Why questionable downloads use rar archives
Rar archives are the only compression type that preserve certain hidden files and most antiviruses don't scan for these hidden files.
Alternate data streams were introduced in Microsoft's NTFS to match Apple's HFS concept of [forking](http://en.wikipedia.org/wiki/Fork(filesystem) to maintain some degree of compatibility. It allows a single file to have multiple files of different file types closely associated with the file. Windows uses ADS to store author, title, thumbnail, and other metadata of a file. However, ADS allows any file to be attached to any other file. It's actually trivial to attach files larger than the main data stream.
Windows doesn't expose these data streams to the user. Windows Explorer doesn't show these streams; the file size isn't even affected. If a process is running from one of these data streams, Task Manager doesn't show it. The only Windows-shipped method to identify these files is to use "dir /r" on Windows Vista or greater. This makes ADS a perfect way to hide malware.
Or does it?
When a file with additional streams is moved outside of the NTFS filesystem, only the main data stream is sent. All major file compression formats also strip the alternate streams, except rar. WinRar offers the option to preserve hidden data streams in the rar archive.
Using WinRar, we can hide harmful executables in seemingly innocuous files. Any antivirus software worth its salt should pick this up, so I tested that theory.
Create a file and add the standard, unmalicious test virus EICAR as an alternate data stream named deadly.txt.
:: Create the harmless file C:\> echo Nothing here > harmless.txt :: Create the test virus C:\> echo|set /p="X5O!P%@AP[4\PZX54(P^)7CC)7}$EICAR-STANDARD-ANTIVIRUS-TEST-FILE!$H+H*" > testvirus.exe :: Add the test virus as an ADS C:\> more testvirus.exe > harmless.txt:deadly.txt :: Make sure it was added C:\> notepad harmless.txt:deadly.txt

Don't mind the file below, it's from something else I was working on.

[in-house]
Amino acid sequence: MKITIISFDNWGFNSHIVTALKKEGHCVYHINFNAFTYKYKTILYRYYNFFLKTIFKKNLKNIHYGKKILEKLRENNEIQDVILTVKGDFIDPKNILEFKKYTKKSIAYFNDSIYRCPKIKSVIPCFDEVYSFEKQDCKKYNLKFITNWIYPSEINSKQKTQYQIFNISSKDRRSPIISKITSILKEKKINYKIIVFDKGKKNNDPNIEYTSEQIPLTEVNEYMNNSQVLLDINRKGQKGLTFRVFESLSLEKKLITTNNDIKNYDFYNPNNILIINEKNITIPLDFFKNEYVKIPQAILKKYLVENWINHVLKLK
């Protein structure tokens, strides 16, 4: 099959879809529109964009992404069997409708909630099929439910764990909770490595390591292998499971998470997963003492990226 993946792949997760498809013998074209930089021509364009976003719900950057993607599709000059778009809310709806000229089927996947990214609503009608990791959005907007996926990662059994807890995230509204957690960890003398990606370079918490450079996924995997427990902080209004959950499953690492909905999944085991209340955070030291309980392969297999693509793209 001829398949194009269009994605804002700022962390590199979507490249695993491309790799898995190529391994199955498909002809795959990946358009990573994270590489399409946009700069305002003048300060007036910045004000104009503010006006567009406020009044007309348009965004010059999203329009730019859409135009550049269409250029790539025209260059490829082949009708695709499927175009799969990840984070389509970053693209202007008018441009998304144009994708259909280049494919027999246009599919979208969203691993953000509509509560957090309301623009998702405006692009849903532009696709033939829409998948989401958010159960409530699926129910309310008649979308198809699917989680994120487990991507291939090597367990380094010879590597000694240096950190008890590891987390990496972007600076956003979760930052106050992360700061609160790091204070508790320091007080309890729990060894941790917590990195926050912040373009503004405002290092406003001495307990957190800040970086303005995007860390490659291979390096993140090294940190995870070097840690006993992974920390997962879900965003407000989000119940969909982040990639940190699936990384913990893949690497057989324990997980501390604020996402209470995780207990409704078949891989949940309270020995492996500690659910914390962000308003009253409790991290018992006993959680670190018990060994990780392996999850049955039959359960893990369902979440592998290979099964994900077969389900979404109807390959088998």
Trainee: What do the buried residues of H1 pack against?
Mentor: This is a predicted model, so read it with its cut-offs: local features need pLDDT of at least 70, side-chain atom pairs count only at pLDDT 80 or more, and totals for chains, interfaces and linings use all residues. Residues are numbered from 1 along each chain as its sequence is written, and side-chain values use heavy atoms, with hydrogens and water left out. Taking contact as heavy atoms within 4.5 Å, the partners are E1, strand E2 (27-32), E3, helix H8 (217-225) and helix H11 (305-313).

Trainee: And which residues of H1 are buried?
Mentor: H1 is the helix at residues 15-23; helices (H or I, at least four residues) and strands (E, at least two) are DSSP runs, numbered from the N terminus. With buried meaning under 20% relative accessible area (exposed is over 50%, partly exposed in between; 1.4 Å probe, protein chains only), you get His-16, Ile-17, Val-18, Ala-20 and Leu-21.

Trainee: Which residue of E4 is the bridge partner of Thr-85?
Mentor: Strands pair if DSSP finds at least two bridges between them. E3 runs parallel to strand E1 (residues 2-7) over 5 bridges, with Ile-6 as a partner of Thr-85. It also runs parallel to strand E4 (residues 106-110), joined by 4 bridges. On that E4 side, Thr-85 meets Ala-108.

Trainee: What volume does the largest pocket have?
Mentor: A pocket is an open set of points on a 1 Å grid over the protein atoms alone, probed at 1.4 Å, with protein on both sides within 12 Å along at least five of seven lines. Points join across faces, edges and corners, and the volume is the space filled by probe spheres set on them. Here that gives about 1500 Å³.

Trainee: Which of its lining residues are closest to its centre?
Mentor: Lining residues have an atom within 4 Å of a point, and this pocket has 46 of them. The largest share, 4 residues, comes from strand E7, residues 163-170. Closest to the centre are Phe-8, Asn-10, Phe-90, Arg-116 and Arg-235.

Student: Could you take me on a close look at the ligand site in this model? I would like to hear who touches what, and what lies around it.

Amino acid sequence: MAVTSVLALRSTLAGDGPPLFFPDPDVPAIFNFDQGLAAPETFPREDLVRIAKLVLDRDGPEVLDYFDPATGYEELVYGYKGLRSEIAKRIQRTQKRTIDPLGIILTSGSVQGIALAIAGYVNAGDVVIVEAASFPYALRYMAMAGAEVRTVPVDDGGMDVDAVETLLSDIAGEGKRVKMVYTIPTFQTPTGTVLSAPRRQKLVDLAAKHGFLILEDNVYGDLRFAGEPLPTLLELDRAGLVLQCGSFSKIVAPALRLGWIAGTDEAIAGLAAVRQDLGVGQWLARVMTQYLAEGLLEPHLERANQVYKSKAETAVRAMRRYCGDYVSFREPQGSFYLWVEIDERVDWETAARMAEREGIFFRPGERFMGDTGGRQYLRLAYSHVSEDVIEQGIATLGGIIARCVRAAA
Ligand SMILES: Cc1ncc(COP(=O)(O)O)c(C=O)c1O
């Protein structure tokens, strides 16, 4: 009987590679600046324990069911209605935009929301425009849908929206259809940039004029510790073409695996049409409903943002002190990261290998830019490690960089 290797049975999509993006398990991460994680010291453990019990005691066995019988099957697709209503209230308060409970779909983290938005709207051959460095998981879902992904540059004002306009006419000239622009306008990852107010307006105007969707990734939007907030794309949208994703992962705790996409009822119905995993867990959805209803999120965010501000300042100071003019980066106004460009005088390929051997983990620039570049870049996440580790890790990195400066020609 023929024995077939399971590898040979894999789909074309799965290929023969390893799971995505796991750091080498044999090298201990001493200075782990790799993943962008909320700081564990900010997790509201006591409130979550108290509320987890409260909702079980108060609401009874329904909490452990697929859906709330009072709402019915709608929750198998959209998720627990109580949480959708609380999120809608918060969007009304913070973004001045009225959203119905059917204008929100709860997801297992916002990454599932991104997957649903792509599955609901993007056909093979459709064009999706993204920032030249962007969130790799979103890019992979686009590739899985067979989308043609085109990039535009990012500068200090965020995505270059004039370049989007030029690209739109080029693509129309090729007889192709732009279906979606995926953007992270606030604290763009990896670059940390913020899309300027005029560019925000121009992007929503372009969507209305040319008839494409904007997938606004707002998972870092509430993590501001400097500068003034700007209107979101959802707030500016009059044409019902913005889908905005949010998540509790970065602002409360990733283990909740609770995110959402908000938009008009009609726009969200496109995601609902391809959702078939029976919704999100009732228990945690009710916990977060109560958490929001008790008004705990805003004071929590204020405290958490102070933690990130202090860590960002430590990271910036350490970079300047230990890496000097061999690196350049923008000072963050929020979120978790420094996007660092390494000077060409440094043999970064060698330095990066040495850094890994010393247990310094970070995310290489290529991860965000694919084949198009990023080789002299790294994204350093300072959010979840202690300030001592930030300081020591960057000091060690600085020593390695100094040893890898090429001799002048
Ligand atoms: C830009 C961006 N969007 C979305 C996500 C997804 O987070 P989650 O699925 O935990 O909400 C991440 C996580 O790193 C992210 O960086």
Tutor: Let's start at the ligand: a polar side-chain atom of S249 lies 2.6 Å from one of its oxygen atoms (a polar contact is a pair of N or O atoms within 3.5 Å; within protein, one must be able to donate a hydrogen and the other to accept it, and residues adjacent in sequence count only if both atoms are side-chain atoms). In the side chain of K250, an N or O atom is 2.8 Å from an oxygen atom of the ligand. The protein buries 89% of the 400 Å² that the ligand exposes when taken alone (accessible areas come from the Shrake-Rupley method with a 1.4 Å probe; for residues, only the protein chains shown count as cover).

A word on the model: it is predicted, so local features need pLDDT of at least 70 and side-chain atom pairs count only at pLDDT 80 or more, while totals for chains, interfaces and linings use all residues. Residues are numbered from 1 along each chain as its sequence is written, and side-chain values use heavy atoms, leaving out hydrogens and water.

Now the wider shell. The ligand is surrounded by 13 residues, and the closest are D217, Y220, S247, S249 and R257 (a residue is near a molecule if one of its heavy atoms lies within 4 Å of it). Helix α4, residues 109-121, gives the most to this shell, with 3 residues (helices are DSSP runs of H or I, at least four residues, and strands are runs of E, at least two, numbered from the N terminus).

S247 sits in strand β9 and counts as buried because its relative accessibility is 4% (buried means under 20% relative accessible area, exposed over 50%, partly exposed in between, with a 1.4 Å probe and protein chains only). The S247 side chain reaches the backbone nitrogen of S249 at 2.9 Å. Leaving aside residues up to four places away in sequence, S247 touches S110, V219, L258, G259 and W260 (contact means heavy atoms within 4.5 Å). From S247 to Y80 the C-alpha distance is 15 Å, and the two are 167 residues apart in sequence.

Compress harmless.txt using WinRar. Select "Save file streams".
I needed to ensure all the antivirus software tested saw testvirus.exe as a virus, so I used VirusTotal. Not all antivirus software is compliant, as the results show. ByteHero, MicroWorld-eScan and MalwareBytes did not recognize the test virus, so I was unable to determine if they handle rar archives.
When I tested harmless.rar only 17/43 identified the virus. Major antivirus software like AVG, Panda, SUPERAntiSpyware, PCTools, VIPRE, and Symantec were among the 60% that did not recognize the virus.
The rar format can be dangerous for Windows users and it's highly plausible those distributing questionable files know it. It would explain why there hasn't been a greater move to the open and higher compression 7z format.
Until antivirus companies can shape up their support for rar archives: use an antivirus that currently supports rar well, stop downloading rar archives, or use a different OS.
This post was inspired by Bartosz Inglot's 2011 article http://passionateaboutis.blogspot.com/2011/11/compressed-and-encrypted-alternate-data_22.html
A good explanation of ADS https://windowssecrets.com/top-story/hide-sensitive-files-with-alternate-data-streams/
This has been discussed on Hacker News.